You Can Do This

I don’t envy any student right now. ESPECIALLY any nursing student. Clinical experiences, simulation labs, on-campus bonding, advisory sessions with professors… all of that has been stripped away from you. You might not have a traditional graduation ceremony. Your NCLEX test date might be postponed or your first big interview rescheduled. My heart aches for you.

In the meantime, what is nursing if not adapting, right? While many schools have gone virtual, I figured I’d share some of my tips & tricks that helped me throughout school.

How To Succeed in Lectures

  • If the instructor writes something on the chalkboard/overhead or repeats an idea then it is usually a key point and you should write it down
  • Personal preference: Try to sit towards the front and center of the class where you’ll be less distracted and can hear the professor the best and have a good angle on any visual aids that may be shown.
  • If your instructor talks fast, it may help to bring an audio recorder and record the lecture while taking notes. After the lecture is over you can replay the lecture and fill in any parts that you missed in your notes. Some instructors even post recorded lectures online or have them available if you have to miss class
  • Do reading assignments or homework questions before class, it is easier to take notes when you know what the instructor is talking about
  • Online lectures:
    • Dress the part: if you’re in your pajamas, you are more likely to get comfortable and lose focus
    • Sit at a desk or table: it’s helpful if you can designate a working surface/room in your home that promotes good posture and awakeness
    • Make sure you have good wifi connection and fully charged computer/tablet

Note-taking Tips: figure out what works for you! Okay to switch mid class, mid semester, or to have different note-taking styles for different classes! (ie. I used notecards for pharmacology, but used a whiteboard for physiology)

  • Color coding: a proven method not just for note-taking, but general organizing as well. The secret to being effective is to limit the number of colors you use; otherwise, you can become overwhelmed when you look back at your notes. 
  • Highlight: highlight parts that you need to study more in depth. Again, the trick is to use it sparingly to not overwhelm the page with fluorescent ink. 
  • Whiteboard: Mapping out key concepts on whiteboards with dry erase markers can help you link related ideas, see the big picture, and better understand difficult course material. My college had rooms you could reserve that had big whiteboards available, otherwise personal boards and markers aren’t that expensive!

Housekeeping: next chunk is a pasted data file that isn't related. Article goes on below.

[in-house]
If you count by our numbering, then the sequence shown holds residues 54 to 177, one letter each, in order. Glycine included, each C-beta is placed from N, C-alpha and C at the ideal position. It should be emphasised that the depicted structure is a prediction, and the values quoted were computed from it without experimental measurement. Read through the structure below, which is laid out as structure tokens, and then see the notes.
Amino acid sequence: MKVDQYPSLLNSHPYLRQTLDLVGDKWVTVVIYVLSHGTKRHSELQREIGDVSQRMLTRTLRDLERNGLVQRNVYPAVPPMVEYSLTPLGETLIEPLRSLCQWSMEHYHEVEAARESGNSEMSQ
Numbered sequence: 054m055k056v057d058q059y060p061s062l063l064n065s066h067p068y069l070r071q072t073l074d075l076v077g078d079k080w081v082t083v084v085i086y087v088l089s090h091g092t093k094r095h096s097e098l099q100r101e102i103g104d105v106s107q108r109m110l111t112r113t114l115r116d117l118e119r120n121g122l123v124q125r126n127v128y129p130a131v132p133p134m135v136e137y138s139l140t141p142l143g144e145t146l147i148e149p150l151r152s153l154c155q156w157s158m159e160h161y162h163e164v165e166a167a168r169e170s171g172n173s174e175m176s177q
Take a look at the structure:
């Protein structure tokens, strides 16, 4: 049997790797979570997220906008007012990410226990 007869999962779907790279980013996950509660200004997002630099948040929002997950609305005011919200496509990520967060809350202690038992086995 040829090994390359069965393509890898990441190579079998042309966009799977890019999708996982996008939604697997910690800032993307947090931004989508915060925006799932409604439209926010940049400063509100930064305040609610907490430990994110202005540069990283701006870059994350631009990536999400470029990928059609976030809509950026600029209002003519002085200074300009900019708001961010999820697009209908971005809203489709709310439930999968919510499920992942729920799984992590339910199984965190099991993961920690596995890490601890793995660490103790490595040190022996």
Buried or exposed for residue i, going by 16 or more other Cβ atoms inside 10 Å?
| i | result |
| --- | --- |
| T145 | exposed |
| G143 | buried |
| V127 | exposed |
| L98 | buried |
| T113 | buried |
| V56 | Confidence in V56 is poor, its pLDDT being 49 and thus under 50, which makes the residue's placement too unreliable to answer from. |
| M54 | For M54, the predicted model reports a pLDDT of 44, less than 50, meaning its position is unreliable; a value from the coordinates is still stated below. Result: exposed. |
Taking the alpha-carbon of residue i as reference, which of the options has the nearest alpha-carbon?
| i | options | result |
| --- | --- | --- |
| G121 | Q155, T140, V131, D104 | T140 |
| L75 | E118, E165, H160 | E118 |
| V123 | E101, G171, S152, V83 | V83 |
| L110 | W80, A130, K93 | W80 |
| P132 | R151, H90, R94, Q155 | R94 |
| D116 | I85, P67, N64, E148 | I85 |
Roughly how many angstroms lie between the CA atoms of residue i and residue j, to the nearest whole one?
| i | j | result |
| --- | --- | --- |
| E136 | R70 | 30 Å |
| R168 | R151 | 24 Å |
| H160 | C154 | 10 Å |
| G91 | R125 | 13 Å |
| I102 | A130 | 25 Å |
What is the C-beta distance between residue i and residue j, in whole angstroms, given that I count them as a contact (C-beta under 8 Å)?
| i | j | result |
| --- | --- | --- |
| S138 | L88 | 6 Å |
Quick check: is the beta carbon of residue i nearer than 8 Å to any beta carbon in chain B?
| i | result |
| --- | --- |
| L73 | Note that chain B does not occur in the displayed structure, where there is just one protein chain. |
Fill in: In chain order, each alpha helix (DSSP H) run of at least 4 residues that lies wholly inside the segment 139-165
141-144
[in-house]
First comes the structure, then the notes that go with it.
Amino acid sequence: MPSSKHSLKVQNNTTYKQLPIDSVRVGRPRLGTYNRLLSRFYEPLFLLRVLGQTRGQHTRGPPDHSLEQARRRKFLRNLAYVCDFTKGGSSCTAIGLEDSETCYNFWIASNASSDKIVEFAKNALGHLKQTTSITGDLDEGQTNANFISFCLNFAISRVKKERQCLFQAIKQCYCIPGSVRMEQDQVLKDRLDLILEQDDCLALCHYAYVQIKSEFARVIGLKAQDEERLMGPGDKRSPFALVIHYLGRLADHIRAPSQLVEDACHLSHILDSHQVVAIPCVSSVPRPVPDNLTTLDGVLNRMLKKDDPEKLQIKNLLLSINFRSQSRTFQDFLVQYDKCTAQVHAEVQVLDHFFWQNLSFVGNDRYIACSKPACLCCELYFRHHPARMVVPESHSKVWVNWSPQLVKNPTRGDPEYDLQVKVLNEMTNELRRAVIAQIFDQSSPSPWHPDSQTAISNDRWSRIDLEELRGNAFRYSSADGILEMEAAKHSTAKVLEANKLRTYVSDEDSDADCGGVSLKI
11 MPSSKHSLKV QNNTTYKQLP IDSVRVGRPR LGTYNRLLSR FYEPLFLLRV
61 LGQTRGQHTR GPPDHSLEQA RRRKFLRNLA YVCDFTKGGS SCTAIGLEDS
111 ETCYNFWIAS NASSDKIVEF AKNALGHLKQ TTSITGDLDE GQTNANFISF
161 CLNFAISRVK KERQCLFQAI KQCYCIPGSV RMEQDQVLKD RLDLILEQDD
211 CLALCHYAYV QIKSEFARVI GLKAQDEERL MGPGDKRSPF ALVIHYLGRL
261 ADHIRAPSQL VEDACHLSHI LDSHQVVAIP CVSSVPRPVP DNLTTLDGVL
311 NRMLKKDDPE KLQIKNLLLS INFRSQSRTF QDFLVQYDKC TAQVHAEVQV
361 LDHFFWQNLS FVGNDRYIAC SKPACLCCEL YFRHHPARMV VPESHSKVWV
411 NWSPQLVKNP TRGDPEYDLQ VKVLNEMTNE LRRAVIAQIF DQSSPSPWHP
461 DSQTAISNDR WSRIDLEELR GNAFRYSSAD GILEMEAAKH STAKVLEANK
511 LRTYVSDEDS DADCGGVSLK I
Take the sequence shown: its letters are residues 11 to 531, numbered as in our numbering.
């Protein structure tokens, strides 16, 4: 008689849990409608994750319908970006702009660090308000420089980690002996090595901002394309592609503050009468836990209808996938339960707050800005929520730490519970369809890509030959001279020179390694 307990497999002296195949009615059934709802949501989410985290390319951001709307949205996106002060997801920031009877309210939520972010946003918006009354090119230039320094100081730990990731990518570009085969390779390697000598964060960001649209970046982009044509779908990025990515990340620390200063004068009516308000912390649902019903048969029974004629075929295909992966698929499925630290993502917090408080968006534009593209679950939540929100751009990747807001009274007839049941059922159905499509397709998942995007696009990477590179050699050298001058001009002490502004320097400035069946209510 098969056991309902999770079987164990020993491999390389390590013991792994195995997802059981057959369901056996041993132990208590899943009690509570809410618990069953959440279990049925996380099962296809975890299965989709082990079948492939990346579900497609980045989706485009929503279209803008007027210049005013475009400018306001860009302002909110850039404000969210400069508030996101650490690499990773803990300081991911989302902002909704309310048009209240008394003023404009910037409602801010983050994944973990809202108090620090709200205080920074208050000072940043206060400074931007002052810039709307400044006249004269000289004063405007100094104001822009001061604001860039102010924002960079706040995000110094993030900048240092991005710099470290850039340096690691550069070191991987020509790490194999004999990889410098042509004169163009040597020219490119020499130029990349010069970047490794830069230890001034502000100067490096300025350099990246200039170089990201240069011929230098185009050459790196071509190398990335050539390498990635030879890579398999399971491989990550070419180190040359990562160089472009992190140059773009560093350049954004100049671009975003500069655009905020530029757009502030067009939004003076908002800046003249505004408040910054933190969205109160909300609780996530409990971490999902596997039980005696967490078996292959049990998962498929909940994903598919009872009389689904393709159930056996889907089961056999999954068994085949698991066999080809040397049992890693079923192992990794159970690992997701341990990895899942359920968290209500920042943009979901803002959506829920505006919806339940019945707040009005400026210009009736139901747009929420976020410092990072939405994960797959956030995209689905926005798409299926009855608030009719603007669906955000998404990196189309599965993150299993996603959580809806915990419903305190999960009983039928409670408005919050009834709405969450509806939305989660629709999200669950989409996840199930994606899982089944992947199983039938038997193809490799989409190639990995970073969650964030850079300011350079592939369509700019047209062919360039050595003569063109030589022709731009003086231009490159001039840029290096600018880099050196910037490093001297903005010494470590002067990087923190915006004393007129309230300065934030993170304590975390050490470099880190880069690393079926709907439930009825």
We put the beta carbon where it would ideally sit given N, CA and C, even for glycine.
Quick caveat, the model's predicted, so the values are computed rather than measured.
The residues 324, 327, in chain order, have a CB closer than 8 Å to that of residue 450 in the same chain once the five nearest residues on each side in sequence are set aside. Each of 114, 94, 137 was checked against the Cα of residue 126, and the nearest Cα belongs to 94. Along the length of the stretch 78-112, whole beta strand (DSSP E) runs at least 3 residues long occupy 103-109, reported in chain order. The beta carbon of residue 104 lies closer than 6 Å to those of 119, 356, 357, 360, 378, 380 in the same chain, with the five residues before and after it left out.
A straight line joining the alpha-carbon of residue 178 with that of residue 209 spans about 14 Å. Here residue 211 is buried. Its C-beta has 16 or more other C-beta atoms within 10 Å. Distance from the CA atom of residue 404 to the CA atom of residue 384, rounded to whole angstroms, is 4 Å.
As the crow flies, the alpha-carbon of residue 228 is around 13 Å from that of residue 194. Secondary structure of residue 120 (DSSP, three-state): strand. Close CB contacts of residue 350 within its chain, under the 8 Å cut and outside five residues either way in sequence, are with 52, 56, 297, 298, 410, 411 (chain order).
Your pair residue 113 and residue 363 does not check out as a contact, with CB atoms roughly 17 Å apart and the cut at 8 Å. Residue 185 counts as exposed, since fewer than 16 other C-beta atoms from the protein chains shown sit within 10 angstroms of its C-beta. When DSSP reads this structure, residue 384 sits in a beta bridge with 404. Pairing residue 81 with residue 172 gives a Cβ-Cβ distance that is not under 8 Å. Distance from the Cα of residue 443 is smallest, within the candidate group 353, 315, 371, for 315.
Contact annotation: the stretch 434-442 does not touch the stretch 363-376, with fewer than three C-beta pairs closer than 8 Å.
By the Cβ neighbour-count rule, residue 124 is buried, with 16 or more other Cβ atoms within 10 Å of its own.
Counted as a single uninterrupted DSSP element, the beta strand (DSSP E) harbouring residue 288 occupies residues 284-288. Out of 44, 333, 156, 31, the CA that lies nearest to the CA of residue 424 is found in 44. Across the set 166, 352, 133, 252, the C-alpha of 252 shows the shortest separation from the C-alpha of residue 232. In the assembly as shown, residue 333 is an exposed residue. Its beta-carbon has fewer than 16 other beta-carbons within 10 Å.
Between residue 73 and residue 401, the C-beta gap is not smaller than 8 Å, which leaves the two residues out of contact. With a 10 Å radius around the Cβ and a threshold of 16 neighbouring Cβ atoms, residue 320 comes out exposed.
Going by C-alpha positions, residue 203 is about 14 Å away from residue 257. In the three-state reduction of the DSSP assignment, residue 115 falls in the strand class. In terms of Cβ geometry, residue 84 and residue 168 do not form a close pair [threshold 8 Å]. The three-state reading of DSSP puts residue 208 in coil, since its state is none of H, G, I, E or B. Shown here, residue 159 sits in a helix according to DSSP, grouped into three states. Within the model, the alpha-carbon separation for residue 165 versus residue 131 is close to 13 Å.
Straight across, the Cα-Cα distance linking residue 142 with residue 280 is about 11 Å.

• By hand: believe it or not, this is not everyone’s go to for note taking! But there are plenty of options including the Cornell column method, visual aids/mind maps, etc.
  • Computer notes: works for a lot of people! Quick typers, easy to edit and organize, can be shared with others. ONLY warning, be focused on your notes document and don’t be tempted to browse social media, text from your computer, or online shop… not only is it distracting to YOU but also to OTHERS in the lecture
  • Notecards: Helpful for when a class/unit has a lot of terminology or straight recall content. 
  • NEVER THROW AWAY YOUR NOTES! Anatomy and physiology notes will come in handy during pathophysiology, and patho will help you understand medication pathways in pharmacology! Also if you come across a patient with a certain diagnosis, it’s nice to be able to pull out related notes.

Ways to Boost Retention: Original research done by Edgar Dale shows that the effectiveness of learning or the learning retention rate based on the learning experiences and the media that was used for the instruction

  • See/Hear (lecture): 5%
  • Reading (textbook/notes): 10%
  • Audio Visual/Video: 20%
  • Demonstration: 30%
  • Discussion Group: 50%
  • Practice by Doing: 75% aka clinicals or simulation lab
  • Teaching Others: 90%
  • Immediate Application: 90%


  • Planner: another personal preference, but quite frankly I don’t know how people get through college (or life) without a planner. Mine might have been a bit extreme but I had it color coded, some weeks I had planned out by the hour, etc. 
  • Calendar: whether it’s on your desk, wall, or phone, know when you have class, meetings, break, etc!
  • Syllabi: every professor will have one (or at least they should!), give them thorough read throughs and put due dates/exam days in your planner/calendar at the beginning of the semester/class

One thought on “You Can Do This

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